Review by James Lindorf
For the past 23 years, the Fantasia International Film Festival has taken place in the heart of beautiful Montreal, the largest city in Canada’s Québec province. Fantasia, like many big-name festivals, SWSX, TIFF, and Tribeca, to name a few, will be hosting a virtual version of their festival this year. Fantasia’s 24th installment occurs on August 20th – September 2nd and will include both Live and On-Demand Screenings, live Q&As, and special events, like John Carpenter becoming Fantasia’s first recipient of their virtual Cheval Noir award. The process to purchase tickets can be found on their website. Some conversations and events can be seen on the Fantasia YouTube channel.
For two weeks, the Fantasia International Film Festival is the home for Bryan Bertino’s latest film, “The Dark and the Wicked.” The 42-year-old Writer and Director had his biggest hit when in 2008, he delivered the modern horror classic “The Strangers.” That film made $82 million at the box office on a 9 million dollar budget. In his newest film, something is afoot on a rural farm that could tear a family apart. On that farm, a man (Michael Zagst) is slowly dying, bedridden, and fighting through his final breaths. He is a source of deep sadness for his wife (Julie Oliver-Touchstone), who is gradually succumbing to her grief. Returning to the farm to support their mother and say their goodbyes are Louise (Marin Ireland) and Michael (Michael Abbott Jr.). It doesn’t take them long to decide that there is something more than sorrow weighing on their mother. It isn’t long before they begin suffering from a similar darkness.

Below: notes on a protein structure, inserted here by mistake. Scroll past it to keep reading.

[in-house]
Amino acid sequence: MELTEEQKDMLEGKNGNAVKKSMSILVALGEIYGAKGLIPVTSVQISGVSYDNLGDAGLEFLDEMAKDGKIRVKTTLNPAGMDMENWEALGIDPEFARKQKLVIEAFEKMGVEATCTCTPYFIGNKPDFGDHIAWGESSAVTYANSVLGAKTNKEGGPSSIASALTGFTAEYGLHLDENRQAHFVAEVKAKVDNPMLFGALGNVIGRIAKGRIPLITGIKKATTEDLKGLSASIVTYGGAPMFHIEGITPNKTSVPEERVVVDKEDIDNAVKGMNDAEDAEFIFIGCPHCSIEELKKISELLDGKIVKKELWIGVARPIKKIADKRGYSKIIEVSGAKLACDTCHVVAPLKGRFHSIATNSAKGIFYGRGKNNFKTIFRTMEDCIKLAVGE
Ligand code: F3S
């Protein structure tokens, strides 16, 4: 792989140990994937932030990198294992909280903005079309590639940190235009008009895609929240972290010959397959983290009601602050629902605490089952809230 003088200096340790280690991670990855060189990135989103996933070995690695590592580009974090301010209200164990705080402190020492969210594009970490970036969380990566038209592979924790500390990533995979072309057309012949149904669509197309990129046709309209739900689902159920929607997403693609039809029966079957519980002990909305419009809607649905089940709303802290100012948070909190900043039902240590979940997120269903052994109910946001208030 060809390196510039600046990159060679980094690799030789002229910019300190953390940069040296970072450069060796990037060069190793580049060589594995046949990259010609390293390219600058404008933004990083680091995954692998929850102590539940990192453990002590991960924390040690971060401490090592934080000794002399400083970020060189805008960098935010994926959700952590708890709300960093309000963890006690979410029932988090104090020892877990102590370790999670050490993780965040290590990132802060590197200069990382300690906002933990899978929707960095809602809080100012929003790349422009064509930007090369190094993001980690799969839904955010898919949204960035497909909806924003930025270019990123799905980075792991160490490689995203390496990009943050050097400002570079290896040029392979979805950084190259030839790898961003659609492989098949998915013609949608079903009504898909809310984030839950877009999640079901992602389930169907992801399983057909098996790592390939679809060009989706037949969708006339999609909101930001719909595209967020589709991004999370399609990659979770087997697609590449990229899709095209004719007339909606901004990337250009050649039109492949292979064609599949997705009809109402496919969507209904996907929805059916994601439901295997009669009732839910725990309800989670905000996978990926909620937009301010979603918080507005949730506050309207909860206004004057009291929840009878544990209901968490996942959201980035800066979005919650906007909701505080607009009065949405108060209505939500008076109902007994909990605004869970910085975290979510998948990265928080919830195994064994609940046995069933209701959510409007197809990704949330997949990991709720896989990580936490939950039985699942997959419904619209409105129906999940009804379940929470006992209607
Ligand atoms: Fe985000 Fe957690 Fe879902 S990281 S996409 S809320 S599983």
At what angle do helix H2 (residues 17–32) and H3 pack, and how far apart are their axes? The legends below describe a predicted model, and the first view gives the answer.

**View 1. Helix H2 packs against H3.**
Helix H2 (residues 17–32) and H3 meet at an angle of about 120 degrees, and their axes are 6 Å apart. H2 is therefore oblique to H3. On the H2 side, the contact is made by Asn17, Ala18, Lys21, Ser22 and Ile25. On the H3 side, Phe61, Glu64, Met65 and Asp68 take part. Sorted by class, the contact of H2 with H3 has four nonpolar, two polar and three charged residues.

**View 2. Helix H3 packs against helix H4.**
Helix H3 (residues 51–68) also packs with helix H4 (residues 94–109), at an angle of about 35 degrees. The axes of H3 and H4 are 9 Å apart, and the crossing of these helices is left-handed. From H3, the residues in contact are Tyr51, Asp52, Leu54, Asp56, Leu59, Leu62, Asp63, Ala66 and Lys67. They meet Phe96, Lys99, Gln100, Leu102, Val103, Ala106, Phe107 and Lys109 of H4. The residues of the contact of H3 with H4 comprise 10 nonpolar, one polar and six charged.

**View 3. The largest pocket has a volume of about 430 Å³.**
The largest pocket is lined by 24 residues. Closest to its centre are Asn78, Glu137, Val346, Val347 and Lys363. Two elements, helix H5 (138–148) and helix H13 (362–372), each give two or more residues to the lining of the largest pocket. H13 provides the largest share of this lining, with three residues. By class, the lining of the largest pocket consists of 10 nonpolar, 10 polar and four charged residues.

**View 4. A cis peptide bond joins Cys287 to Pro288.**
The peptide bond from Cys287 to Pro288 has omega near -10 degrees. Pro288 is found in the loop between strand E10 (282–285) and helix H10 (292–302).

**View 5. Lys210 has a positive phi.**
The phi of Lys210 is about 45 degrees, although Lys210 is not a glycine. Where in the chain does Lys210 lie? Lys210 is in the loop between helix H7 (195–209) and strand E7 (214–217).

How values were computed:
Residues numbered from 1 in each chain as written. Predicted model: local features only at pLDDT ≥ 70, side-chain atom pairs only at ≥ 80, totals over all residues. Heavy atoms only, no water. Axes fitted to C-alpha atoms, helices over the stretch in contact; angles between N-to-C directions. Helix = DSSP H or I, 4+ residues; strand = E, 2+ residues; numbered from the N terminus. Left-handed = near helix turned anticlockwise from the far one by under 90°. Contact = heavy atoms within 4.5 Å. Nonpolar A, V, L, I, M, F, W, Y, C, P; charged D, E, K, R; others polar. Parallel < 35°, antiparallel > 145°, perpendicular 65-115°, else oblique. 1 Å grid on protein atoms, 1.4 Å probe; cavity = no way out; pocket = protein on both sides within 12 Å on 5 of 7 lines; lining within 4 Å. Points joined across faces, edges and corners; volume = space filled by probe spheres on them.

From beginning to end, “The Dark and the Wicked” possess a brooding atmosphere similar to that of recent popular horror films “Hereditary” and “The Witch.” The muted gray tones of the film along with the excellent work of the music and sound departments only add to the feeling of impending dread. “The Dark and the Wicked” lives and dies by how much you appreciate its tone. There isn’t much payoff to excite gorehounds, which is to be expected given the subject matter. However, what does appear in the film is as brutal as it is brief. Then there is the mysterious and vaguely religious cause of their woes, which can anger fans who like to understand everything that is going on. That sense of confusion and the fact that the family did nothing to bring the evil into their lives work with everything else to add to the audience’s mounting tension. If that tension leads to fear, then the film has been a success, but it has an equal chance of leading to frustration. Horror movies are traditionally moralistic. People are punished for violating some rules, whether they knew it existed or not. Random horror and violence normally works better when there is a human element at fault. When it is something supernatural, it tends to work a little better when someone enters forbidden land or reads from an ancient book bringing the evil into their life. “The Dark and the Wicked” was an excellent follow up to “A Mermaid in Paris” with their contrasting styles. I couldn’t be happier with my start to this film festival, and I can’t wait to share more of their films with you.
According to an exclusive from Deadline, ahead of its world premiere at the Fantasia Film Festival, “The Dark and the Wicked” landed a distribution deal with RLJE Films and Shudder. It is now set for a U.S. theatrical release on November 6th, with the UK, Ireland, Australia, and New Zealand releasing the film in 2021. So, you better get your Fantasia tickets now, or you will have to wait at least two months.
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